Matthew Liu, Opinion Managing Editor

Over the past few years, a progressive movement dedicated to renaming statues, schools and other public places originally named after racist leaders of the past has risen to prominence. Many people, including Montgomery County Council President Nancy Navarro, want these schools renamed. However, their names should not be changed because we must learn from the painful lessons of history and renaming schools can become a slippery slope when every slaveholder needs to be questioned, potentially one day including the likes of George Washington or Thomas Jefferson.  

The names of all schools in Montgomery County will soon be reviewed to “ensure they are appropriate,” according to a Feb. 26 Bethesda Magazine article. However, by changing the names of any schools, MCPS would be encouraging people to forget valuable lessons that can be learned from these historical figures.

Speaking about Confederate monuments, John Daniel Davidson of The Federalist, an online political magazine, said that though their original purpose was to venerate Confederate heroes like Robert E. Lee. Removing these monuments would undermine their modern-day de facto purpose of serving as a haunting and cautionary tale to the current generation. Similarly, if schools named after these figures of the past were to be renamed, MCPS would just be encouraging its students to erase the ugly parts of history, such as slavery and the Civil War, instead of providing students with important learning moments. Furthermore the school system should invest their energy and resources into various academic improvements, not panels to consider renaming schools.

People often forget that certain important founding fathers were slave owners themselves. George Washington, Thomas Jefferson, Benjamin Franklin, John Hancock and John Jay all owned slaves for all or part of their lives, among other founding fathers, according to a 2016 Encyclopedia Britannica article. Will it someday be unacceptable to name schools after founding fathers or other important historical figures for public schools? And how far are people willing to go to erase the painful details of history?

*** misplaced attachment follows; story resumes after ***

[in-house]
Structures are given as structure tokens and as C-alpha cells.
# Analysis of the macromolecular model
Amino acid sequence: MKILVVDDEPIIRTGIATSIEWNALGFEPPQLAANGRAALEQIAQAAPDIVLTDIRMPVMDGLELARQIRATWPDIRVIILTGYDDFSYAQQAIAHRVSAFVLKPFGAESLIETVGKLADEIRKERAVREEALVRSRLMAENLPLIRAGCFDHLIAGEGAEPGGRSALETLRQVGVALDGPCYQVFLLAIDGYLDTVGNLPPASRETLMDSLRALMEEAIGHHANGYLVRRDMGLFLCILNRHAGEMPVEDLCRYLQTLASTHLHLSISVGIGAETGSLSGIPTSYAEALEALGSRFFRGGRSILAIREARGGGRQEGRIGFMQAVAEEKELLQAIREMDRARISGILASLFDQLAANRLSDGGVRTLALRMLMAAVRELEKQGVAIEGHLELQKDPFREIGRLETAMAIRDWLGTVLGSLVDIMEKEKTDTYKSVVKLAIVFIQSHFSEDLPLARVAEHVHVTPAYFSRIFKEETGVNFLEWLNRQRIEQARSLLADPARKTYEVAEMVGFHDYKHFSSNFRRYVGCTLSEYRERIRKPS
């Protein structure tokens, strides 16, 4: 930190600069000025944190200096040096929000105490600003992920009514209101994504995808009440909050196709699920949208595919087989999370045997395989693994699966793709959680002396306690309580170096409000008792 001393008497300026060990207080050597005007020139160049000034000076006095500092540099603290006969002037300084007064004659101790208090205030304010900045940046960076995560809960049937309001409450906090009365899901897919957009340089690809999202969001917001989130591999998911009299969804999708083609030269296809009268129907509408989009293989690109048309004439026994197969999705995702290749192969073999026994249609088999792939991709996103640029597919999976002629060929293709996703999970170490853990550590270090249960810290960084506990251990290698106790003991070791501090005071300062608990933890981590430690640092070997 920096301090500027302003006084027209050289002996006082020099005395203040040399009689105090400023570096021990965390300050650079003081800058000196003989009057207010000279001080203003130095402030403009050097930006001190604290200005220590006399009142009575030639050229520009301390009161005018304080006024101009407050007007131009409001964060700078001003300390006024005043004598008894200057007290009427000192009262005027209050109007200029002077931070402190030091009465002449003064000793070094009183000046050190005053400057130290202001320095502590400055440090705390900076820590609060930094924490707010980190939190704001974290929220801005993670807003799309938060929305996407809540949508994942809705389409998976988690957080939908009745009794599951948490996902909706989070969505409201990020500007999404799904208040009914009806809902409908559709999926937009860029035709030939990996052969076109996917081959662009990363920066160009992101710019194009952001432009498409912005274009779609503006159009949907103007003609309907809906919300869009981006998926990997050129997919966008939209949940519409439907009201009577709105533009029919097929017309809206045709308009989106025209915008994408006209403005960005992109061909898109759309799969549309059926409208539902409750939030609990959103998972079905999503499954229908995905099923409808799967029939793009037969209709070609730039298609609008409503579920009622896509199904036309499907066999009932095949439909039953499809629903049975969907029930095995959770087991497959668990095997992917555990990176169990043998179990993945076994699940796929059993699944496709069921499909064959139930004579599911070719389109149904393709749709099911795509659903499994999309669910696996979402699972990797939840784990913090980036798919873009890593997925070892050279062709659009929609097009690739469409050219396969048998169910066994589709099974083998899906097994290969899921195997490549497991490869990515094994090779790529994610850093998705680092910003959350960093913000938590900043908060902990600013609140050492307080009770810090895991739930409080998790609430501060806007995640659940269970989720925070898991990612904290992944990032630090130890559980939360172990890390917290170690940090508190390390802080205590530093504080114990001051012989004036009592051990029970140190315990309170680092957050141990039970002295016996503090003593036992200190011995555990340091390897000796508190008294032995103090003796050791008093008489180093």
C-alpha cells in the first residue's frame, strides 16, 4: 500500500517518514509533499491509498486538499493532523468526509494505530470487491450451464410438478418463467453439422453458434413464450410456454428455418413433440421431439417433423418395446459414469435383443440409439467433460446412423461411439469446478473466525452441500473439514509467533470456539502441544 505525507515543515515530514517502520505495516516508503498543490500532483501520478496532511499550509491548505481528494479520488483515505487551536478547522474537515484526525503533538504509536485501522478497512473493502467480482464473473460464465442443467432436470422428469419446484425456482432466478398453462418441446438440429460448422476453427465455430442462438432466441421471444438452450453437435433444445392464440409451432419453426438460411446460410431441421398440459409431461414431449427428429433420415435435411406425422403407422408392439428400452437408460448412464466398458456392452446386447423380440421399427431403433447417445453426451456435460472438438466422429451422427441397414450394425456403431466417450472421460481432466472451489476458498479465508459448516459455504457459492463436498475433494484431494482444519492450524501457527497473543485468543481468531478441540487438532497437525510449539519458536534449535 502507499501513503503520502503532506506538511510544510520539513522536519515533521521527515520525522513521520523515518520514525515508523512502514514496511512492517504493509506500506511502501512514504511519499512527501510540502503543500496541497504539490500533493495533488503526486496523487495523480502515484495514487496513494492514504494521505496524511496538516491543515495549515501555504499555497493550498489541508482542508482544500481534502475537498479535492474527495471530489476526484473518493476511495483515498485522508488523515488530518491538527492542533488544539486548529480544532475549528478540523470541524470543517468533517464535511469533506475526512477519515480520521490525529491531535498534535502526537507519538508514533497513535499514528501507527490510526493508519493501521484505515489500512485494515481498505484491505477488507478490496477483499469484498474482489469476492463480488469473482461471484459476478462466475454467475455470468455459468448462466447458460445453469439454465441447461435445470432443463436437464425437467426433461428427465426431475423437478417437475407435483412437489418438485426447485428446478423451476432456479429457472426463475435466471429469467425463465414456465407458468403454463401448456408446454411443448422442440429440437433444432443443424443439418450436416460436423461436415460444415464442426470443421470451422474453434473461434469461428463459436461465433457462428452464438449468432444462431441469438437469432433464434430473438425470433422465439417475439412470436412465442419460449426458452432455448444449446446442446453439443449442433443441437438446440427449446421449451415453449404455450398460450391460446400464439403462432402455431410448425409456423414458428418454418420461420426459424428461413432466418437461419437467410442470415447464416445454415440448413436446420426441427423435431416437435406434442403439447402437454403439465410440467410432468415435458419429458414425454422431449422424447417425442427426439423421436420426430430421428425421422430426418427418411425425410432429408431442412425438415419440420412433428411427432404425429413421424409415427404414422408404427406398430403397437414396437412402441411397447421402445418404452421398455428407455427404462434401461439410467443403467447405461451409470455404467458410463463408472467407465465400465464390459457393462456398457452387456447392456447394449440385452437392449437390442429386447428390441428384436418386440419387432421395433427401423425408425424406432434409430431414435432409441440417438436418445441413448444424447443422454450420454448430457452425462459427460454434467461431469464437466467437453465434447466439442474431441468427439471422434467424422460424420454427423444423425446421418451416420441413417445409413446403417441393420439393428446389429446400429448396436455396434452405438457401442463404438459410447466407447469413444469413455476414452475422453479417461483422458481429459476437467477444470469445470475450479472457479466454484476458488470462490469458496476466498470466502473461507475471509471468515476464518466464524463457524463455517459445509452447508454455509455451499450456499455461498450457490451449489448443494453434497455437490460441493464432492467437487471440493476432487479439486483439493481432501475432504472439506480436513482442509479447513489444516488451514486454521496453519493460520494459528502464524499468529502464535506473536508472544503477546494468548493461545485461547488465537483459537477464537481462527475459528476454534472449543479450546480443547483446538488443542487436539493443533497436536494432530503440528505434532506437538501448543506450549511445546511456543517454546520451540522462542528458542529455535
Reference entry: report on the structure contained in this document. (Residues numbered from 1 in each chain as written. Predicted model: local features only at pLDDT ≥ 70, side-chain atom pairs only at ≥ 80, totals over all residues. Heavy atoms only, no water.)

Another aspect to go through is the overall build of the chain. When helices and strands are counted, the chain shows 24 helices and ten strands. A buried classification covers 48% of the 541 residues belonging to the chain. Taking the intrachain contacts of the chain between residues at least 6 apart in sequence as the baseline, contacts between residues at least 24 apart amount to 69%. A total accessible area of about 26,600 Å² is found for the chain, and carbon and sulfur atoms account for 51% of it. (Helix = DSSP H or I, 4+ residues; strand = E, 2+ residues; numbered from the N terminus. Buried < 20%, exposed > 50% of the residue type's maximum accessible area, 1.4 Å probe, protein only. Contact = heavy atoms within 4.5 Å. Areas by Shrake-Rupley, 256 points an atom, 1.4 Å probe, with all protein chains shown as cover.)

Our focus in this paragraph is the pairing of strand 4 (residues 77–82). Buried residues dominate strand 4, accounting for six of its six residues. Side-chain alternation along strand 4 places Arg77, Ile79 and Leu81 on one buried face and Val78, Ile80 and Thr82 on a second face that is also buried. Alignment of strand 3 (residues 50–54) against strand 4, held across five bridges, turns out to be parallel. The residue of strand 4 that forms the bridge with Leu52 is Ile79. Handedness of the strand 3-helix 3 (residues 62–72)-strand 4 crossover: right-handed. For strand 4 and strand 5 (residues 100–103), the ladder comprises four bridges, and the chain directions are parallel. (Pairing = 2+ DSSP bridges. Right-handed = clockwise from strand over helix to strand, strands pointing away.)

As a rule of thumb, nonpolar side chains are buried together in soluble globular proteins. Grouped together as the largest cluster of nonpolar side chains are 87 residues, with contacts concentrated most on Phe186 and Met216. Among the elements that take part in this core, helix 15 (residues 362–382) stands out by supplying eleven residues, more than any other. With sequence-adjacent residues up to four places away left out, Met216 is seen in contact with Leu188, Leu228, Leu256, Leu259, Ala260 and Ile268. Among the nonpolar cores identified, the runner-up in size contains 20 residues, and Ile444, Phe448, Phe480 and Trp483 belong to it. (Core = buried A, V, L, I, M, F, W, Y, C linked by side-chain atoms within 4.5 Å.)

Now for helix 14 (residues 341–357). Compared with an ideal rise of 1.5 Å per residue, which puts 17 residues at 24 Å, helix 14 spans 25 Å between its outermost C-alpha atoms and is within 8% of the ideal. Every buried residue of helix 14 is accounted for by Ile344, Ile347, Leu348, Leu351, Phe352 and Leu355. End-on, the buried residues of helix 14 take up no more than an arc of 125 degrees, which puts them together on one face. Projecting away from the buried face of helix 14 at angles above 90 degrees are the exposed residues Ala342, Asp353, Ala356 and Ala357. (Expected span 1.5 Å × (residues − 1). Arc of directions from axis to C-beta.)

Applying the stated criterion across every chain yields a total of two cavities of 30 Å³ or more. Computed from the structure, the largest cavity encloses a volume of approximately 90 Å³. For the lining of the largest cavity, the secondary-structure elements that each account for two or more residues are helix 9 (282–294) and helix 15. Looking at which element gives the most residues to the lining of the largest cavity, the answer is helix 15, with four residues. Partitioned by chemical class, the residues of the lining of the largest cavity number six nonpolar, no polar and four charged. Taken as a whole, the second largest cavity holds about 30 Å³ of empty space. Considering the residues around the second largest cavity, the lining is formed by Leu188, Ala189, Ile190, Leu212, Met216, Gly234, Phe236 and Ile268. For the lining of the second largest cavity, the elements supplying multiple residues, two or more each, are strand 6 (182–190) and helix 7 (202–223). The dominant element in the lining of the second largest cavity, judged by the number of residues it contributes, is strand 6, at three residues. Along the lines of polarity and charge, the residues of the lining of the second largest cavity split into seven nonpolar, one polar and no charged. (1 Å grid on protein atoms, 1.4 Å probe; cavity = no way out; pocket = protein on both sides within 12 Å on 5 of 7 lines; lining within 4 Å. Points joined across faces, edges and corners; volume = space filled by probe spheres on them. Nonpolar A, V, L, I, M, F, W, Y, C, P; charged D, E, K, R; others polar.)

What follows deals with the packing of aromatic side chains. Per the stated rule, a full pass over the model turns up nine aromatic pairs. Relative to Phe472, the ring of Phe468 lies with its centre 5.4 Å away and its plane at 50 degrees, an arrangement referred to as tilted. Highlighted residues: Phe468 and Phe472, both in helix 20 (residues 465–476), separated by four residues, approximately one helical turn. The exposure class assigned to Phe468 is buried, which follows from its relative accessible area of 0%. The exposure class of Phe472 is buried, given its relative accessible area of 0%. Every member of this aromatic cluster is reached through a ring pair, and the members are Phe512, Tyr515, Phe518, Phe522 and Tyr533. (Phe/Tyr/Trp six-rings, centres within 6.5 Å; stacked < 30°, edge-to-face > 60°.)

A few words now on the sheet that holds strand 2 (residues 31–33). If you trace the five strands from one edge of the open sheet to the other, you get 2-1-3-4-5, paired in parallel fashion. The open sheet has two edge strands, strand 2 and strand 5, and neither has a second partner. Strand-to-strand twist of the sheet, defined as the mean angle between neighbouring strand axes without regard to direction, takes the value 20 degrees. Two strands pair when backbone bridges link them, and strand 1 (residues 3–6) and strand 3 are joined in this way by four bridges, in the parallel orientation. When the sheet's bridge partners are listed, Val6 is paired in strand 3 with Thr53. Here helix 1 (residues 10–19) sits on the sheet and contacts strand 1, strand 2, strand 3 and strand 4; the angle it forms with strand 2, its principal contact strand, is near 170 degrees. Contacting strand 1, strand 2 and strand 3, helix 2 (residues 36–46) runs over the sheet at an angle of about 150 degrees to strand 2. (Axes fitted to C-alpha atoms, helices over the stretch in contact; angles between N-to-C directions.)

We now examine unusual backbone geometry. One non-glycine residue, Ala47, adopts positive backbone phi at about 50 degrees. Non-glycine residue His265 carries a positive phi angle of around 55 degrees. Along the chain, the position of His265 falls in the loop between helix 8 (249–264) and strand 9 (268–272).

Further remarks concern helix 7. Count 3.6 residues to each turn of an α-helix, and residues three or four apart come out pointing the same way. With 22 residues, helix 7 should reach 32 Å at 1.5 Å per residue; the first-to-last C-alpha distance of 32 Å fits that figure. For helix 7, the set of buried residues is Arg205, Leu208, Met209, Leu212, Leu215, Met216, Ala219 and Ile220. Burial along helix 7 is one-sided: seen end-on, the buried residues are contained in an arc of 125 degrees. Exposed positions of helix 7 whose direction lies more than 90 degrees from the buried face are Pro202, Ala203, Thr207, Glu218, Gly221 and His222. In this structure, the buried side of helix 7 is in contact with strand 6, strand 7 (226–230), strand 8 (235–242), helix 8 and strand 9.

Even if the scope of the renaming were to be limited to just Montgomery County schools, there would still be three high schools (HS), namely Col. Zadok Magruder, Thomas Sprigg Wootton and Richard Montgomery HS, that would need to be renamed because each person owned slaves at some point, according to a 2018 article by The Current of Watkins Mill HS.

While it is understandable that some, including Navarro, want these schools renamed to better represent the student body of the present day, the costs of renaming large schools like Magruder, Wootton and Richard Montgomery HS would be enormous. If these schools were to be renamed, millions of dollars worth of school property and merchandise would have to be rebranded to adjust to the new name.

Instead all of that money should go toward more important things, such as investing in security, curriculum or classroom improvements and reducing class sizes, among many other important things. Improving education should not include whitewashing history when so much effort is being put forward to teach it in the same schools that may be renamed.